University Hospitals statement concerning fertility clinic


According to The Washington Post, a liquid nitrogen storage tank at the clinic located outside Cleveland, where more than 2,000 frozen embryos and eggs are stored, unexpectedly heated up.

"It was my everything, it was my future", said patient Katelyn Gurbach".

He added: "We hope there is some further relief for our clients as the result of this lawsuit, but nothing will ever truly make this 100 percent right".

Katelyn Gurbach had tumors on her ovaries.

A second US fertility clinic has reported malfunction in a storage tank that may leave some frozen eggs and embryos compromised following a similar incident revealed a few days ago.

"They wanted to have children for some time", Wolf said, but because of the malfunction, that hope might be dashed, as the couple can not afford another round of expensive treatment, he added.

The hospital has issued an apology after the unexplained malfunction caused temperatures inside the storage tank to rise.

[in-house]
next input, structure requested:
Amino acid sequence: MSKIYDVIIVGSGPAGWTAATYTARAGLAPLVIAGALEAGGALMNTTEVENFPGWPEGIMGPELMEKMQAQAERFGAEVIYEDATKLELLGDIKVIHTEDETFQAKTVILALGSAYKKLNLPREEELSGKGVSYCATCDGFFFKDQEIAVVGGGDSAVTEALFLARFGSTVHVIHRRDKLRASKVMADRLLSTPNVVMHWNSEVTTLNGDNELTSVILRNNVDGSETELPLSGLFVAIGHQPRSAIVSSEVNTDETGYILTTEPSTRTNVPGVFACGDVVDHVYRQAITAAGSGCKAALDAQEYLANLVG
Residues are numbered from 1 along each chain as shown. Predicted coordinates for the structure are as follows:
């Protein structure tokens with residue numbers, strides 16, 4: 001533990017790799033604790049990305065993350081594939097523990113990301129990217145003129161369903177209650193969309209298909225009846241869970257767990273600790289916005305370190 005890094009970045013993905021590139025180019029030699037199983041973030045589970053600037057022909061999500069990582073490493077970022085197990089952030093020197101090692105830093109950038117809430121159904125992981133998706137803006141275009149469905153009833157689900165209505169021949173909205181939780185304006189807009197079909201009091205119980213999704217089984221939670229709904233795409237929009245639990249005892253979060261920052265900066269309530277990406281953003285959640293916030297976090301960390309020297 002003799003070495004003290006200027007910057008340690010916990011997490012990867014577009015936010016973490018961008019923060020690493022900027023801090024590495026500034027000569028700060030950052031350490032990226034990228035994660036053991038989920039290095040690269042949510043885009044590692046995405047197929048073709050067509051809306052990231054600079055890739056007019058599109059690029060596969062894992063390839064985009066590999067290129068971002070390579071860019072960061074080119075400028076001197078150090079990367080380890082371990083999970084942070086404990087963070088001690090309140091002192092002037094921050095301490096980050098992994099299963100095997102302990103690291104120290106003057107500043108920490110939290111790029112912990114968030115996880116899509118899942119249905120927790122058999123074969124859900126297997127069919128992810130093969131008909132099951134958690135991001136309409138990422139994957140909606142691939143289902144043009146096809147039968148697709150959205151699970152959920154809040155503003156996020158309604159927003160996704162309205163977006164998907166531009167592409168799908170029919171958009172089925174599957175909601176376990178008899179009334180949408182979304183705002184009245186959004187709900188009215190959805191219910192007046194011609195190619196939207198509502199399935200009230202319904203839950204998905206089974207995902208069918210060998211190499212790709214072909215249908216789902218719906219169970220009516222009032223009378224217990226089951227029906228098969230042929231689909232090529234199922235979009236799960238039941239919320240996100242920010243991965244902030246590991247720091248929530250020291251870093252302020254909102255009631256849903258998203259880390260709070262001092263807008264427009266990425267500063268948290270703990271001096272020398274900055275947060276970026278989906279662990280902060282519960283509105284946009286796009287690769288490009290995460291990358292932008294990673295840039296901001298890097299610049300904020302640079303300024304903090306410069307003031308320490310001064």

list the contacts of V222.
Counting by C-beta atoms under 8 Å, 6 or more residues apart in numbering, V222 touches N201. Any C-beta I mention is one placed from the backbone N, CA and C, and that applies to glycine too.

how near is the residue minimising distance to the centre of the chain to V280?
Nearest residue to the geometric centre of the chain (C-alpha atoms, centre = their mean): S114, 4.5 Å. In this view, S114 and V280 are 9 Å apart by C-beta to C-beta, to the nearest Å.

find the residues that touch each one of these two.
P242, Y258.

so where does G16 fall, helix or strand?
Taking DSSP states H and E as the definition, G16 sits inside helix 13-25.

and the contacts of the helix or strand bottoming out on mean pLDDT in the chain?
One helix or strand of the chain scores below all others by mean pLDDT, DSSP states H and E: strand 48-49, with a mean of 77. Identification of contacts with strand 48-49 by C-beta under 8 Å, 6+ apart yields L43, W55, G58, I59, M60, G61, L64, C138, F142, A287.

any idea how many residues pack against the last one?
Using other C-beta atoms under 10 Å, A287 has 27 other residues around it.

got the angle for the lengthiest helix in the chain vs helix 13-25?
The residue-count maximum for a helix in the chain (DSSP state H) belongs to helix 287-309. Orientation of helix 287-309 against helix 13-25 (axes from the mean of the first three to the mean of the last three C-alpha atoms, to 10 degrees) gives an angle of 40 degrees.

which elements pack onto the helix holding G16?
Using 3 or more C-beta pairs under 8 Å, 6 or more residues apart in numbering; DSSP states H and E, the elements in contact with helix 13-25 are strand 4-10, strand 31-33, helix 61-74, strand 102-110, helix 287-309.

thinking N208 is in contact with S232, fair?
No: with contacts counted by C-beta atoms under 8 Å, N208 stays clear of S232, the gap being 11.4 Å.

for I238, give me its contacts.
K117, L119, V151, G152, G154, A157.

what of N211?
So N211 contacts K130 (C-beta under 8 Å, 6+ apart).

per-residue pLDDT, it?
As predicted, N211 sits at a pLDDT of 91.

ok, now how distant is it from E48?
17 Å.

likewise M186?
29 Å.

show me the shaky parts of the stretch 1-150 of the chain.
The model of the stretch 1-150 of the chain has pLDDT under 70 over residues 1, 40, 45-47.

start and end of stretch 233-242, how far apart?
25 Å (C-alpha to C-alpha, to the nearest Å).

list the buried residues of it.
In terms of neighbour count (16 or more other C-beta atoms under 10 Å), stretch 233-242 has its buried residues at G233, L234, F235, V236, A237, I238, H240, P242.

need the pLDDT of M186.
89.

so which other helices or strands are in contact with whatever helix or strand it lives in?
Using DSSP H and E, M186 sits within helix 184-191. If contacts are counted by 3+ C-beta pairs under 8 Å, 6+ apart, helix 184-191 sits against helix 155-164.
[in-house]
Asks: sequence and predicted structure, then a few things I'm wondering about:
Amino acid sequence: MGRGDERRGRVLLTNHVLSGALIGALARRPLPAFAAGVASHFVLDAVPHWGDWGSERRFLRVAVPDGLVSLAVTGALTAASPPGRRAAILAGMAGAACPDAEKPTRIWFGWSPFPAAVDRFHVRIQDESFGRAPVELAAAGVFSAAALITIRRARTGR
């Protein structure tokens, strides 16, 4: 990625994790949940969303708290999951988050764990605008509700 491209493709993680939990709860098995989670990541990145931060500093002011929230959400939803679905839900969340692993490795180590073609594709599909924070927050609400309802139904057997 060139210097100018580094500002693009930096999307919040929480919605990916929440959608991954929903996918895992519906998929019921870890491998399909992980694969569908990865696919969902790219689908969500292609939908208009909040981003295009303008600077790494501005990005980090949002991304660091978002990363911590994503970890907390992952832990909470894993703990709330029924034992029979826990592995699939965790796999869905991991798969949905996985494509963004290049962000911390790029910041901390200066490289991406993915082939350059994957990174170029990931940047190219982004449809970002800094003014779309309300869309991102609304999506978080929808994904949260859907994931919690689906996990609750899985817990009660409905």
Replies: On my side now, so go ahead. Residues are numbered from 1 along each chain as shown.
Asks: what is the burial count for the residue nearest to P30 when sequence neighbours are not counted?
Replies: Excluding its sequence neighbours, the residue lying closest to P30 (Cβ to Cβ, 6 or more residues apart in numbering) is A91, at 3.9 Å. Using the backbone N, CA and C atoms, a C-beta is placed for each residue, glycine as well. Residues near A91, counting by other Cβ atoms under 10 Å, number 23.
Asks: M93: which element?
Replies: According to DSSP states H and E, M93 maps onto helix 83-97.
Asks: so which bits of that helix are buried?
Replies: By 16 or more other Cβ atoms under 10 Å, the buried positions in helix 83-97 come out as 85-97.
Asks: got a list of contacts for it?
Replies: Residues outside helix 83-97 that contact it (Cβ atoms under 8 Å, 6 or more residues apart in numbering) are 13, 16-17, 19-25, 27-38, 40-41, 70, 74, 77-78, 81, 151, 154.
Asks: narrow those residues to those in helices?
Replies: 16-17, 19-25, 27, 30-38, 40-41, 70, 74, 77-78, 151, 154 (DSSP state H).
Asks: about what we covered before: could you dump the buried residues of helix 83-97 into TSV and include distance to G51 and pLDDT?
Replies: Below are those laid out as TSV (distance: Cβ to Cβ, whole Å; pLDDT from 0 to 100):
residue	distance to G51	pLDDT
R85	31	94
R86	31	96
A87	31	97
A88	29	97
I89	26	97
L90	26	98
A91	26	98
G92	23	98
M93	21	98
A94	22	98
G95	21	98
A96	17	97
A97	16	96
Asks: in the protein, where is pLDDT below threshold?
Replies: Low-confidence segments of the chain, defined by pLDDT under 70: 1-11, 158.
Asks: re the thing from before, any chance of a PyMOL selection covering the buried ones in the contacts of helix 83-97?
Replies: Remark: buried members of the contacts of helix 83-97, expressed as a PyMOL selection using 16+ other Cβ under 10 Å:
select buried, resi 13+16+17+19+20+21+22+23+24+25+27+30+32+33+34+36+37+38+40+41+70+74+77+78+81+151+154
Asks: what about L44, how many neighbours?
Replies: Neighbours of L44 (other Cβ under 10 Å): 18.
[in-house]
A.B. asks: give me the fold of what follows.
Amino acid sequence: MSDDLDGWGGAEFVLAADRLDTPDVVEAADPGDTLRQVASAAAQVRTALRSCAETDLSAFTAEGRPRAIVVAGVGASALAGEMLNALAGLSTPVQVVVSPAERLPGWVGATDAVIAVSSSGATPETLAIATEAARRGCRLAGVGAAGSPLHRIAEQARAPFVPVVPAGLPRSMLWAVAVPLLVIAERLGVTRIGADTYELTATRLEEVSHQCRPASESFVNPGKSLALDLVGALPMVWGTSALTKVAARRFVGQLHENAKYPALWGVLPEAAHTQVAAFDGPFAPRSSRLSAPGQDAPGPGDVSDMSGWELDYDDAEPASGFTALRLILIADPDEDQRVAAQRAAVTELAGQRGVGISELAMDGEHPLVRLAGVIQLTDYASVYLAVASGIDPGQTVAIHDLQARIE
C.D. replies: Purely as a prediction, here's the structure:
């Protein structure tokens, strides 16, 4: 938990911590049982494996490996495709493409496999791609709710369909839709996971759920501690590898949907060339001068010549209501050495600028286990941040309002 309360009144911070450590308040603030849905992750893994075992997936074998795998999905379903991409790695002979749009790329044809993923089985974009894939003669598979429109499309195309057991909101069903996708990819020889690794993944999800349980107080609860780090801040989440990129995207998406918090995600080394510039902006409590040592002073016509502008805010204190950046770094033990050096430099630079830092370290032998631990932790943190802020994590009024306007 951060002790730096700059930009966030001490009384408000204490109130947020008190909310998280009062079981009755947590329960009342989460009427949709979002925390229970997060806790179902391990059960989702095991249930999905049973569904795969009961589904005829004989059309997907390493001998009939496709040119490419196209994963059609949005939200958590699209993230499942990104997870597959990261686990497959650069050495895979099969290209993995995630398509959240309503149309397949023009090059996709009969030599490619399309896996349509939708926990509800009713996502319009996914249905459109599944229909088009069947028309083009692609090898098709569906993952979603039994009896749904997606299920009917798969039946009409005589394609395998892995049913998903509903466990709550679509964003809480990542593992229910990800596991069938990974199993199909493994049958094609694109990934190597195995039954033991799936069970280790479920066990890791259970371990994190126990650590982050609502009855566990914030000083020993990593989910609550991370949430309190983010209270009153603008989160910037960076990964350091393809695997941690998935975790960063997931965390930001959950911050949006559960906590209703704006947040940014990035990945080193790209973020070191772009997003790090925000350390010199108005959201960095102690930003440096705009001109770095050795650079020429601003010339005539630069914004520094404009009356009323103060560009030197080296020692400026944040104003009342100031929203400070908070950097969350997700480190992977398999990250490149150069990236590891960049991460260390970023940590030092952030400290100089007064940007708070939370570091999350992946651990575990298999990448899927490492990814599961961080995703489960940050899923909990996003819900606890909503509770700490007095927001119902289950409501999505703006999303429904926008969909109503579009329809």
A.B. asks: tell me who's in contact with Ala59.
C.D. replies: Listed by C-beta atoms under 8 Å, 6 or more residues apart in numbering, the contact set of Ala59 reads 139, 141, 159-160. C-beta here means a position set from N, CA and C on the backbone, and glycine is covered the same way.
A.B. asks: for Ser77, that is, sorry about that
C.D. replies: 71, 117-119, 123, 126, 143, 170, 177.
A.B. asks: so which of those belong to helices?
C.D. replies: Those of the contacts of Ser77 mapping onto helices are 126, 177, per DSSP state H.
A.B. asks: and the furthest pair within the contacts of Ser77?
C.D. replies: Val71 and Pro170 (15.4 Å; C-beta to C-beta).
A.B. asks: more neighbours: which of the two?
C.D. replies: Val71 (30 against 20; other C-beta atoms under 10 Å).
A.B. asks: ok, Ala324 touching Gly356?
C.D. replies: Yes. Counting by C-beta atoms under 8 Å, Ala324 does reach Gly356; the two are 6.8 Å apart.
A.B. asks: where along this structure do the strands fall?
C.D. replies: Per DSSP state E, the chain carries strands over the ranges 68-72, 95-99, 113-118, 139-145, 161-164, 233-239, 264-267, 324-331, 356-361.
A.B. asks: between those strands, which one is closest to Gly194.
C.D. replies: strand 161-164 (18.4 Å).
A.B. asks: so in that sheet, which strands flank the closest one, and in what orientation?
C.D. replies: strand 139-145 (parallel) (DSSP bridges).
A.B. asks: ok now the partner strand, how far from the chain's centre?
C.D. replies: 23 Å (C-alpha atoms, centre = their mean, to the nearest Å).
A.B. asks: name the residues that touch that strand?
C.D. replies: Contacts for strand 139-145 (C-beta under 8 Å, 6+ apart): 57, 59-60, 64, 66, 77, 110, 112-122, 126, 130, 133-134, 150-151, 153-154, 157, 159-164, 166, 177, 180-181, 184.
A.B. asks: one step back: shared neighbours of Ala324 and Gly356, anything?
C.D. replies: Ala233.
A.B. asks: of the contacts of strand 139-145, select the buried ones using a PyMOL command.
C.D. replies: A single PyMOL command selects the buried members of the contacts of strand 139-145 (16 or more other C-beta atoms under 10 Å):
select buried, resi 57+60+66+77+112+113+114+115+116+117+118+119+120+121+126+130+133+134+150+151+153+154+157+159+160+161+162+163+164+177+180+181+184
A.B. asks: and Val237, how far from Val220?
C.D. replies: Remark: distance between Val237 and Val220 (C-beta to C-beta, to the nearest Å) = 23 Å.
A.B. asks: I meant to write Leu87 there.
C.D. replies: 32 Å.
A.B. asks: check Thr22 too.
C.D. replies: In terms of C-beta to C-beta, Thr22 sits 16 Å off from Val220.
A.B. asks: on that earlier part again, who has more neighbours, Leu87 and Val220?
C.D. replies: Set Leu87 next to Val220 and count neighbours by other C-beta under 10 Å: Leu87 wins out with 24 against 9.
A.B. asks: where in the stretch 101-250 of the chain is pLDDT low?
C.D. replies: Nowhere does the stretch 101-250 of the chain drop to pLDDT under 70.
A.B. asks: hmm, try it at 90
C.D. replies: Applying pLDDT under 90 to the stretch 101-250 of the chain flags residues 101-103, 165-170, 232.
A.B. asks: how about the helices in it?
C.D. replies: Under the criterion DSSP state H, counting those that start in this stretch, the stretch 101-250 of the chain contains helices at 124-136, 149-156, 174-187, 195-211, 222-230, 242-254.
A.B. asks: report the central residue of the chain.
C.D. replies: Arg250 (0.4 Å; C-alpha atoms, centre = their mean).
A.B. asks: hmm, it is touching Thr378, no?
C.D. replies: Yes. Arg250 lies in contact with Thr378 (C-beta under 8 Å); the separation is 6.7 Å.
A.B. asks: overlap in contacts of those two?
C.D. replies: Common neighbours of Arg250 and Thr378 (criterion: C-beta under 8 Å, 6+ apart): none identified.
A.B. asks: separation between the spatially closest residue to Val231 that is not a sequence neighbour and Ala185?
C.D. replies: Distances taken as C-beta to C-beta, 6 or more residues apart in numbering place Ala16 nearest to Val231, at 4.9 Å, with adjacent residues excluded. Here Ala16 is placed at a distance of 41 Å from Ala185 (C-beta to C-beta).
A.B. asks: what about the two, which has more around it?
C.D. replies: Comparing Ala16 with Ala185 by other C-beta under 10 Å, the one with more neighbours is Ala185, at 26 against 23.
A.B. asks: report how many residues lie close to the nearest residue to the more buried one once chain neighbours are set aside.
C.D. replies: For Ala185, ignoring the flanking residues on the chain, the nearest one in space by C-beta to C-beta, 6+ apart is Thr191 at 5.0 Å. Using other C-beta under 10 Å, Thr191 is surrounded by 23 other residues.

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"We have very stringent protocols in place and we want to reassure our patients that we have their best interests at heart", she said.

"At this point, we do not know the viability of all of the stored eggs and embryos, although we do know some have been impacted", said Patti DePompei, president of UH Rainbow Babies and Children's Hospital, in a video posted Thursday on Facebook.

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Hunt said staff members at the Grand Rapids clinic also physically check the tanks every week.

"It's a rare event".

The incident affects about 700 patients.

The number of egg-freezing patients jumped from 475 in 2009 to 7,518 in 2015, the most recent year for which figures are available from the Society for Assisted Reproductive Technology. Officials tell Channel 3, their tanks are monitored 24/7.

"We've never been able to separate the embryo debate from the abortion debate in the United States", Annas said.

The tanks are replaced every 10 years, even though they could likely last longer.

The clinic in California informed about 400 patients of the failure, which occurred March 4.

"Our hearts go out to all the families that are potentially affected by the thawing of these embryos and eggs", said Shavell.

A fertility expert commented that the almost simultaneous storage failures at two fertility clinics across the country from each other were "beyond stunning" but that it appeared to be just a coincidence. DiCello Levitt & Casey is conducting investigations of potential similar lawsuits at clinics across the country, including a San Francisco facility that experienced a similar malfunction earlier this month, according to a news release.